Note that you could do this AFTER you have carried out the step mentioned below on Perparing the Data Partitions - the order of these two steps is not critical.

Starting with a Running System

Most people will already have a running system, and in this case it is easier to get your system running in a mode where it can accept larger disks, but initially using the drives already installed. If this is the case and your TeraStation is already in a running state then:

  • Ensure that you have backed up your data, if not you will lose it.
  • Go into the Web GUI and select Disk Management. If this shows that you are already running with separate disks (Disk1 to Disk4) then you are already in a state where individual drives can be changed so there is nothing else to do.
  • If (as is normally the case) this shows that you are running using a RAID array then click on RAID Array 1 which will take you to a screen which has a button labelled Delete RAID Array. A Dialog block is displayed asking you if are Sure You Want to continue and warning you that doing so will delete all your data. Select OK. You will now be taken to a screen where you need to enter a displayed number to confirm the delete (on many firmware releases this screen will be in Japanese). All you have to do is enter this number and then press the left-hand button to Apply the change. While the Array is being deleted (which takes several minutes) all other access to the TeraStation will be prohibited. On completion you will be returned to the Disk Management screen, and this time RAID Array 1 will show as "Not Configured".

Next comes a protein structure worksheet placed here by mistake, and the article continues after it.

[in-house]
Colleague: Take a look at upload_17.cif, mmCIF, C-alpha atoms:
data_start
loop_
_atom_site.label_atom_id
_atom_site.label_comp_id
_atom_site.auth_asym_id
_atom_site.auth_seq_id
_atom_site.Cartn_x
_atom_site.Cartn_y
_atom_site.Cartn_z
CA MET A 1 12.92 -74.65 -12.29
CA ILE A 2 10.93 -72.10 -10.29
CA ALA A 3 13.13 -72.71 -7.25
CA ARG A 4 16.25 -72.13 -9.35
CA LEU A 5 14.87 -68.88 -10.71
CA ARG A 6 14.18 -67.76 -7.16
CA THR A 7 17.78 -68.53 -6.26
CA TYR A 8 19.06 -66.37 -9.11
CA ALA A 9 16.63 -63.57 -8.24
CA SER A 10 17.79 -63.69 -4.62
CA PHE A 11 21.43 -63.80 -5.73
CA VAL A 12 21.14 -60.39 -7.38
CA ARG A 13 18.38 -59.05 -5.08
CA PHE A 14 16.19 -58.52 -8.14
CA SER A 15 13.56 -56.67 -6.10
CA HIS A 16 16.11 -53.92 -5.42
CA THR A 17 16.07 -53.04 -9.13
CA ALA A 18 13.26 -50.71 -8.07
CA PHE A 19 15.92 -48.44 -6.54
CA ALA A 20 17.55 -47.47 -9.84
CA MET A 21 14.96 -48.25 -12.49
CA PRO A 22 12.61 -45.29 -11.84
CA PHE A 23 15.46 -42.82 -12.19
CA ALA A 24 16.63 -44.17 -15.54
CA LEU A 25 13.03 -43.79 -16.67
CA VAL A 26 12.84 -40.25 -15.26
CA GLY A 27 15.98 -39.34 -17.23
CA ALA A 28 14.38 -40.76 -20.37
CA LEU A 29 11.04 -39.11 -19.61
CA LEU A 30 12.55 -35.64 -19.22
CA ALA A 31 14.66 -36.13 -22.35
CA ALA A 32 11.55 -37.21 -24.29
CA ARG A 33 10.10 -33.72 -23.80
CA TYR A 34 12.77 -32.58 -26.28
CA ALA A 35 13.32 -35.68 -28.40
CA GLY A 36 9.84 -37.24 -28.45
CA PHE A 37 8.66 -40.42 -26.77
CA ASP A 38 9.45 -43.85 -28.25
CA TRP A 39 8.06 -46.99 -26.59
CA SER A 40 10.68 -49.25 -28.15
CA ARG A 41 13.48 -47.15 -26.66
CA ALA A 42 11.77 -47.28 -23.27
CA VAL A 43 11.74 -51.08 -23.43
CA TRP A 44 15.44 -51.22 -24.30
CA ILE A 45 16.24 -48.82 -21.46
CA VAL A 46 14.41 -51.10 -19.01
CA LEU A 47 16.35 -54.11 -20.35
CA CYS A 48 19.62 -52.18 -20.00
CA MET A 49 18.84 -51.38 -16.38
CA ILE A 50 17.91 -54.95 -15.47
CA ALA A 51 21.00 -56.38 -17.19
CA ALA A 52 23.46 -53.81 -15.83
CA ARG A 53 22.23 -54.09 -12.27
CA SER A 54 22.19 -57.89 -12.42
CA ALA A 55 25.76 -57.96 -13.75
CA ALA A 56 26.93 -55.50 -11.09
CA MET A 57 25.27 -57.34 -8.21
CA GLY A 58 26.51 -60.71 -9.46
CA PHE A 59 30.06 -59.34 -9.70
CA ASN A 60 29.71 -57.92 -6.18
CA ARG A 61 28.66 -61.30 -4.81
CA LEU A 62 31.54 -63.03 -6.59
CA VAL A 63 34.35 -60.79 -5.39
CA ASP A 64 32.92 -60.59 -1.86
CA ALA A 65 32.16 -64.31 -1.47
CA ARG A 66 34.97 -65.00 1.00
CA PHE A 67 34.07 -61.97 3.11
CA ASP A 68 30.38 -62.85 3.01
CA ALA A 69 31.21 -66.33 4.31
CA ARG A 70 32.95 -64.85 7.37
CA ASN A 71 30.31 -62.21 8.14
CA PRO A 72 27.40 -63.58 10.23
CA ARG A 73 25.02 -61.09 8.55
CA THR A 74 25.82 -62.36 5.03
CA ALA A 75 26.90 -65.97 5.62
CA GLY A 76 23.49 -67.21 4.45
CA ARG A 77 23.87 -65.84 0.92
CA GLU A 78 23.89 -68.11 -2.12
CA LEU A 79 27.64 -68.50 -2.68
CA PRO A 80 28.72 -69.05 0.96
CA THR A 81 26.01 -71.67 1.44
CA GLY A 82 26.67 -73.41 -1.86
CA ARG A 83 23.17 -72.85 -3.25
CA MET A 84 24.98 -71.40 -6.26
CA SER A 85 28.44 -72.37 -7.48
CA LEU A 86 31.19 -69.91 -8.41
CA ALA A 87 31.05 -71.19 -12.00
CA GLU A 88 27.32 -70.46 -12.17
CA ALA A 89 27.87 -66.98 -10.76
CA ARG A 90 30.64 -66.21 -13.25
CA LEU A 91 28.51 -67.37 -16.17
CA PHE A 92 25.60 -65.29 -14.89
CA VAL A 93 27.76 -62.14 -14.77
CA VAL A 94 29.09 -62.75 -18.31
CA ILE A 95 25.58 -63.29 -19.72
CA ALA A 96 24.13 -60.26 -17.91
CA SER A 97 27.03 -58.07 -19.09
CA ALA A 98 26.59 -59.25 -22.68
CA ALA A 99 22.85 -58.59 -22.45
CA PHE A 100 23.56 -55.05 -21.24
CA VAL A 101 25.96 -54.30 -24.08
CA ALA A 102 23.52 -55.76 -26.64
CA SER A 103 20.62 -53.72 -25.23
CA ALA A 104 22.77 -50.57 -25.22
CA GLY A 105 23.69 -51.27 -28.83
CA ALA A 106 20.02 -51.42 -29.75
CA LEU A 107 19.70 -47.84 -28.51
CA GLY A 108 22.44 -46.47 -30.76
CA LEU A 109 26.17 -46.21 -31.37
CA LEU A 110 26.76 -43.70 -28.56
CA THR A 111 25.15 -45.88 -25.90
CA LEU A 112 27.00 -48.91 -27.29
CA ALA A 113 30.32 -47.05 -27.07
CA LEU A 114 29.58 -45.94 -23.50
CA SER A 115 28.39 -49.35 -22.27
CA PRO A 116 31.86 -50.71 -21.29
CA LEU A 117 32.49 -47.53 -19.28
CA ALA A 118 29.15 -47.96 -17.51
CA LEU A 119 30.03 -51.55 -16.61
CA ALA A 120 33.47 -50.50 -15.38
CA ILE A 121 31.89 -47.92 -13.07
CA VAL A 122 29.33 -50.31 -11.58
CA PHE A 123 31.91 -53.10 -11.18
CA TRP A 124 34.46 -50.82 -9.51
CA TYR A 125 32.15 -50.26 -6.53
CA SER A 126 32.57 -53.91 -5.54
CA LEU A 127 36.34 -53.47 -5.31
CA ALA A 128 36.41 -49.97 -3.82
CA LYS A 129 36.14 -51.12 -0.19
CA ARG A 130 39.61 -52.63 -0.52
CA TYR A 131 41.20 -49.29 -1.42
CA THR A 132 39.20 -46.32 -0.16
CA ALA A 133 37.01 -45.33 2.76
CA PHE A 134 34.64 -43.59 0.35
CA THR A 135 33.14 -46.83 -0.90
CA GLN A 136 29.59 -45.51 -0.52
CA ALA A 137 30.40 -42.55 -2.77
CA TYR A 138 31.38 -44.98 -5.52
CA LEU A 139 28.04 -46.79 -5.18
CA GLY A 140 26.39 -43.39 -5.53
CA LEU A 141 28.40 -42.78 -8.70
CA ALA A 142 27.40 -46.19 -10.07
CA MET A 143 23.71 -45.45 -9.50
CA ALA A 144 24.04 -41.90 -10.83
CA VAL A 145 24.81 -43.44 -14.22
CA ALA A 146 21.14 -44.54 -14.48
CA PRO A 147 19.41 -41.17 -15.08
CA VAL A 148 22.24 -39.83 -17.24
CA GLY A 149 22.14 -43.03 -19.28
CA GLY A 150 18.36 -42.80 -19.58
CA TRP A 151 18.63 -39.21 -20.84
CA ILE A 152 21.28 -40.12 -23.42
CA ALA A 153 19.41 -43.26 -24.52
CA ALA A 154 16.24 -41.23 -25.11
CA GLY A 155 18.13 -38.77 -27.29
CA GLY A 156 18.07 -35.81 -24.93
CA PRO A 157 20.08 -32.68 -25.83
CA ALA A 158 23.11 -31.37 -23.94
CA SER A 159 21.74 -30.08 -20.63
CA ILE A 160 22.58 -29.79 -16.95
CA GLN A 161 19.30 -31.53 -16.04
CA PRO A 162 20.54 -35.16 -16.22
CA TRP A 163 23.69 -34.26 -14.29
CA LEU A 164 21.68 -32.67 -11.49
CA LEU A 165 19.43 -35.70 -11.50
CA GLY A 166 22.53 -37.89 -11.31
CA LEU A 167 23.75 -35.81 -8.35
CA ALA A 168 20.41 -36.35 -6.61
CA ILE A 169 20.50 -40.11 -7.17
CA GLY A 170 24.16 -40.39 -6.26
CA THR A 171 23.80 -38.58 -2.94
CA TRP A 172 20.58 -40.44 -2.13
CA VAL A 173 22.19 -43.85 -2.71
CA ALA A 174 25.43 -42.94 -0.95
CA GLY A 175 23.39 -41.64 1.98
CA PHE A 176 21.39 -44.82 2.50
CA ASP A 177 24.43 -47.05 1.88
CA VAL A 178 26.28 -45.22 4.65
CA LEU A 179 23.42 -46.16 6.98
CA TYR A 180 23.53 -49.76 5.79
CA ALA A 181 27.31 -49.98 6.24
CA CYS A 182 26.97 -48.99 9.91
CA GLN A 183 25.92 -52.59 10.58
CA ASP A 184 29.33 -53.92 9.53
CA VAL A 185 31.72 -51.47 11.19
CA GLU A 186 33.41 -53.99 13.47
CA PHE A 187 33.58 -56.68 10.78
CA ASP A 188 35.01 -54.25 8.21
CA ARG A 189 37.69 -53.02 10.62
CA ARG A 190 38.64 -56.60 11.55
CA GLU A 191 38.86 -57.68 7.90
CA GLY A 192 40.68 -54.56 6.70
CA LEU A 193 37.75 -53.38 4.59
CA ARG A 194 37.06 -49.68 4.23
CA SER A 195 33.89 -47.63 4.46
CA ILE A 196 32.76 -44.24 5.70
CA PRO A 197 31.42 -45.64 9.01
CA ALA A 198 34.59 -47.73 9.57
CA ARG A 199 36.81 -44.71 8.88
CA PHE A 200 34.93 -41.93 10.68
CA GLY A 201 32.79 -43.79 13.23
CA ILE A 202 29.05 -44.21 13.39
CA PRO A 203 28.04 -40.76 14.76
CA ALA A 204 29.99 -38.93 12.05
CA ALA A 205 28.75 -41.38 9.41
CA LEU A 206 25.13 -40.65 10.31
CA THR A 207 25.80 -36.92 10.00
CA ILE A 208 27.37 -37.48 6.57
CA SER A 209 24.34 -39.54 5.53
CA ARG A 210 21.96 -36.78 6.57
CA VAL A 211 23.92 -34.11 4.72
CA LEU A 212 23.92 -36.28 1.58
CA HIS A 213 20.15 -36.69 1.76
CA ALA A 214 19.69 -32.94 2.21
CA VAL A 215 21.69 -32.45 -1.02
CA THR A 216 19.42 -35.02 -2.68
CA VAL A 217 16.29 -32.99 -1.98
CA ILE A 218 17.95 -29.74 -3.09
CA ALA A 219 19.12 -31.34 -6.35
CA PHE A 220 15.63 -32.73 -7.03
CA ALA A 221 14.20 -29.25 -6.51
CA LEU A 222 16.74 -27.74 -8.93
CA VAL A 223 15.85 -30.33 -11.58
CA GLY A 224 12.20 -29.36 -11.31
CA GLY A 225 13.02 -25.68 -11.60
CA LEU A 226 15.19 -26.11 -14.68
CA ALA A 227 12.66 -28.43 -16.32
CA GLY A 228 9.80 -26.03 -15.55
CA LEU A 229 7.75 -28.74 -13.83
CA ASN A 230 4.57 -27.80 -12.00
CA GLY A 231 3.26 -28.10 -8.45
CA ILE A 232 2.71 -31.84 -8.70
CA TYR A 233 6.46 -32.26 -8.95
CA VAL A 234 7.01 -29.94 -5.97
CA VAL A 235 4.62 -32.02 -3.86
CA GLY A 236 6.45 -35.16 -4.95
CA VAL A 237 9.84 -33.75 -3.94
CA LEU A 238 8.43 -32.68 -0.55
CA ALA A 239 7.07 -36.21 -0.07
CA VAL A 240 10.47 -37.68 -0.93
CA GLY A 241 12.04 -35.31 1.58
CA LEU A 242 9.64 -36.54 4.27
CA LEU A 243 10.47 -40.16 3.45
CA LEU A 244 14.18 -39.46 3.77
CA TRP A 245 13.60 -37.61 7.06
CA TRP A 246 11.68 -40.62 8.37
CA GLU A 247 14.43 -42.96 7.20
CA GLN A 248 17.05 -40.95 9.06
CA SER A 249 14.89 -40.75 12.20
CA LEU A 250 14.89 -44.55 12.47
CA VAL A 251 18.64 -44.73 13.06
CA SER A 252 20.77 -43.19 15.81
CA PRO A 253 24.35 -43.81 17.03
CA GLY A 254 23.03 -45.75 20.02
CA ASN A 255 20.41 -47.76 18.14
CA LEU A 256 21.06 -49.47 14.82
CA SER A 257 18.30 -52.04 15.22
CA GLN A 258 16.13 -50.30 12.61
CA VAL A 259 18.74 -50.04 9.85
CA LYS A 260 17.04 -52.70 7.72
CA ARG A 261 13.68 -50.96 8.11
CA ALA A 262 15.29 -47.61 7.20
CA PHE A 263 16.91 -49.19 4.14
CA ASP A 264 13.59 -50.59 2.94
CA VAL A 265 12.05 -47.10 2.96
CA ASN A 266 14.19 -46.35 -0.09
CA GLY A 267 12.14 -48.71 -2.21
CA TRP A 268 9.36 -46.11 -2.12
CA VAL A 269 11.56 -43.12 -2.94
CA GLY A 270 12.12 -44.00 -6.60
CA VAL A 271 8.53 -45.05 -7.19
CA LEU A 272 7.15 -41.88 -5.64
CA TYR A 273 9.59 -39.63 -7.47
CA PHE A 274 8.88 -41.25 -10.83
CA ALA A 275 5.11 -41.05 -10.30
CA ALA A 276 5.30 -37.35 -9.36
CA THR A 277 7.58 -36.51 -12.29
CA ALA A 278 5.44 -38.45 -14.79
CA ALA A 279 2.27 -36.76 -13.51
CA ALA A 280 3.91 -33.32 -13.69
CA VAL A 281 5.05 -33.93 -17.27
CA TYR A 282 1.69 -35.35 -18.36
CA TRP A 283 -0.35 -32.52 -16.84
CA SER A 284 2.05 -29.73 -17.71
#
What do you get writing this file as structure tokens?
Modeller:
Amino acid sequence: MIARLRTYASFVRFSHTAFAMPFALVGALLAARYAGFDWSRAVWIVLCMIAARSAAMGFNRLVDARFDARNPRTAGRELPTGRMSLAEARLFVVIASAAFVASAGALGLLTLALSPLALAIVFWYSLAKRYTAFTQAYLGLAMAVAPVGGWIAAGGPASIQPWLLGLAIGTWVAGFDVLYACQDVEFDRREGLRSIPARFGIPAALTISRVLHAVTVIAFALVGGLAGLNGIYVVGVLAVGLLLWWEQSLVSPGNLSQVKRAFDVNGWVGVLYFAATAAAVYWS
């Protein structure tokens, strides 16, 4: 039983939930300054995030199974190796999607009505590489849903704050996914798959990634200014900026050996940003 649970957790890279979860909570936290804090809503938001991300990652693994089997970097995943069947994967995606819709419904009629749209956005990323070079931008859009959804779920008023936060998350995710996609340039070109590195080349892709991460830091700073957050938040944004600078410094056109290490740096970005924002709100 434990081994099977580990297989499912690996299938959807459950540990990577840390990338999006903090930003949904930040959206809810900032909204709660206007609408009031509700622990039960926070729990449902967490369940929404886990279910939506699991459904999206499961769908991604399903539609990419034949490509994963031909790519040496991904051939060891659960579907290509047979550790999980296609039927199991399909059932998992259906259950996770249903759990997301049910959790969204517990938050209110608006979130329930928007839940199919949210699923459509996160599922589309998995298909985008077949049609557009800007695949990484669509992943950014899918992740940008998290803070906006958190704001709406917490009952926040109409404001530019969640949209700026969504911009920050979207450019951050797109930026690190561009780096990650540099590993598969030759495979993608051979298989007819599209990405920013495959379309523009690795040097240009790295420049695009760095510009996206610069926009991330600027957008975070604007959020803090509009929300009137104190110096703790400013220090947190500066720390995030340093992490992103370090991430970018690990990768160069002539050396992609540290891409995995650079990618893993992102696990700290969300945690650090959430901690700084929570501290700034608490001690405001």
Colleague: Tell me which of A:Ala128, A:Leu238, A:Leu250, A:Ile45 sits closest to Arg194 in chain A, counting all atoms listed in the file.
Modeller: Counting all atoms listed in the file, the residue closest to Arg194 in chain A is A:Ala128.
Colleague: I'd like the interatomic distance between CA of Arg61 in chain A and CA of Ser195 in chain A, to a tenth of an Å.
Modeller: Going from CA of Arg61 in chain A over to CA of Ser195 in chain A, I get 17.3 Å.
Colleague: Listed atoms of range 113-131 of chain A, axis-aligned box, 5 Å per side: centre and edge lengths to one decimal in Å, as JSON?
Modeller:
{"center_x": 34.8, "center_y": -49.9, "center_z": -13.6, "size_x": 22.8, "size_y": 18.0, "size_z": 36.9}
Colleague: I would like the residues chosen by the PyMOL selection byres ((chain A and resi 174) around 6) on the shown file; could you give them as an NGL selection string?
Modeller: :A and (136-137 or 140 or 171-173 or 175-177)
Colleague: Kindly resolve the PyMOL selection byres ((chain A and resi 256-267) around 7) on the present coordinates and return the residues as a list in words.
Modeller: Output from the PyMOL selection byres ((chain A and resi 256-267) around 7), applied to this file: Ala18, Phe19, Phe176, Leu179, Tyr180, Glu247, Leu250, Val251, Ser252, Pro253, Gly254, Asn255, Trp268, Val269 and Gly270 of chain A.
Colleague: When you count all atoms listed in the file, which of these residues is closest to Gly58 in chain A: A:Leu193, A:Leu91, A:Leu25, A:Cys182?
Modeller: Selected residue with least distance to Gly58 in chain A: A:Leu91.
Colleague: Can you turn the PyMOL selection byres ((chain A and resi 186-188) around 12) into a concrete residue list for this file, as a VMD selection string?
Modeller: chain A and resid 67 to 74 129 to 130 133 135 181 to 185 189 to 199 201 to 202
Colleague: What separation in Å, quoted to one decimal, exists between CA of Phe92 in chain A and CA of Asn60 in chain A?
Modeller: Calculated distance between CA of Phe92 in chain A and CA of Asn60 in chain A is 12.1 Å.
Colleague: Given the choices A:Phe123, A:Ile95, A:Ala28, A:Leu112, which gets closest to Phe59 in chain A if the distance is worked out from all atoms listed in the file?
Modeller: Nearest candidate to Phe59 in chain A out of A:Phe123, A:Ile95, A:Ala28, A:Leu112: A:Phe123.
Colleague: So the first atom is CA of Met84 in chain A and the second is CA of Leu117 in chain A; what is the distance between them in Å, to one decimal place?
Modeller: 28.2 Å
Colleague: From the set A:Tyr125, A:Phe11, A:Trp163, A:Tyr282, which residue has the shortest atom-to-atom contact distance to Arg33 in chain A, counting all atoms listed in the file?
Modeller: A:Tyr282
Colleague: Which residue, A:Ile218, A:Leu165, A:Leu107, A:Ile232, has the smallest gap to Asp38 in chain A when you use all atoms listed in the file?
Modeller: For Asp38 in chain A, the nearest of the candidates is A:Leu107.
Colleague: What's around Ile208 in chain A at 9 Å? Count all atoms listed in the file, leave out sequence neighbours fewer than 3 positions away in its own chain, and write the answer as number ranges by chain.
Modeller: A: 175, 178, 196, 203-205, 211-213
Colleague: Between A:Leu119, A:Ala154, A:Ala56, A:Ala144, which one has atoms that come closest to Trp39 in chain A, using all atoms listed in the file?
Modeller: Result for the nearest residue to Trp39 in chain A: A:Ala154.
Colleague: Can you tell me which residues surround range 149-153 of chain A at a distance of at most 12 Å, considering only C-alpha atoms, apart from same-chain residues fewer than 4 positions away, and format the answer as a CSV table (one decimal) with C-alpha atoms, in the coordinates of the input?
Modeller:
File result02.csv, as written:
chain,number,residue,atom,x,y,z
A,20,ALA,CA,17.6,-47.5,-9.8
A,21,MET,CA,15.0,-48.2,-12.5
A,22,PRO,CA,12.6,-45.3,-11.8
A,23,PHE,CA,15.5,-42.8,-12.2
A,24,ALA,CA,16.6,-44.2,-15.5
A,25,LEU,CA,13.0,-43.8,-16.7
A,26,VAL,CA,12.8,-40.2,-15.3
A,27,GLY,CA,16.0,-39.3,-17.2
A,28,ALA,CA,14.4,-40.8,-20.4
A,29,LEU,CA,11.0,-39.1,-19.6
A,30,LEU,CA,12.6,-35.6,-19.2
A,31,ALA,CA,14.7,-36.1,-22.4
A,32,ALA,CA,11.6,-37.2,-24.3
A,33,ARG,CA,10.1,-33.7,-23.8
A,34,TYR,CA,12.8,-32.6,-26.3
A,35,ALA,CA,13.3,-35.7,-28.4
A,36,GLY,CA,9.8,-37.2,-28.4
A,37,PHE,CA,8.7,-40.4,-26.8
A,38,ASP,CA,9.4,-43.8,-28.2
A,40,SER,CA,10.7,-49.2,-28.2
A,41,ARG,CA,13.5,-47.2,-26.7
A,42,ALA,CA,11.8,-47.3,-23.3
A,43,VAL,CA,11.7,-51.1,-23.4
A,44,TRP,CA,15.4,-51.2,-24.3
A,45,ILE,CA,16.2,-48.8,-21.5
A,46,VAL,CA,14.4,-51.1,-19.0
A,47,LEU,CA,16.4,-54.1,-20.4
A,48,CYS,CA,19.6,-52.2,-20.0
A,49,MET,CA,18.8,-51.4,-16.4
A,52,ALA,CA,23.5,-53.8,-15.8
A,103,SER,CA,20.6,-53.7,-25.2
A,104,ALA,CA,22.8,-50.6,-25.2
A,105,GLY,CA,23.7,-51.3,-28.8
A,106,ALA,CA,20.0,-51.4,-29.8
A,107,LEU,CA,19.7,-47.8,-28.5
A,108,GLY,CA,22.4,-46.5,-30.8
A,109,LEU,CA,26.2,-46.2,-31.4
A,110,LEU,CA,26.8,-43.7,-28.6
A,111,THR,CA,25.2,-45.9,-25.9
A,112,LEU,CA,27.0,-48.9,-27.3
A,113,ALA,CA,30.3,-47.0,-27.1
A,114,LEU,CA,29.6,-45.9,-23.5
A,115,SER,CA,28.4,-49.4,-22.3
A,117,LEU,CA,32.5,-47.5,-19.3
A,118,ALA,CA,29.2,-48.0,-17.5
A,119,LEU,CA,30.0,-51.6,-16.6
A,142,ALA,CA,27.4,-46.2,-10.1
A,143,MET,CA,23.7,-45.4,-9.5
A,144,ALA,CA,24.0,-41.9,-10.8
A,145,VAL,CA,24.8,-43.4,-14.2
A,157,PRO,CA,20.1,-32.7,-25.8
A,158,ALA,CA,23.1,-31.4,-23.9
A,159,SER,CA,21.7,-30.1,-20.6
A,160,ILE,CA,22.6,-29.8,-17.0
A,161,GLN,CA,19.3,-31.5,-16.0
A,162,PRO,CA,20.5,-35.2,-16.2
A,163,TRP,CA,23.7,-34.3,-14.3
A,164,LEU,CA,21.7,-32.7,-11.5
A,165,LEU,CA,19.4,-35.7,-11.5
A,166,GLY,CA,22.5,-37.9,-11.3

• Most people run their teraStations with only RAID Array 1 configured. If you are running with RAID Array2 configured as well then repeat the above step for RAID Array 2.
  • Now select the Home option, and you will be returned to the home page of the Web GUI. You will see that all 4 drives are now listed with their space used individually itemised.
  • If you want to change any of the disks at this point then follow the instructions for Upgrading/Changing a Single Drive.

Starting with new Disks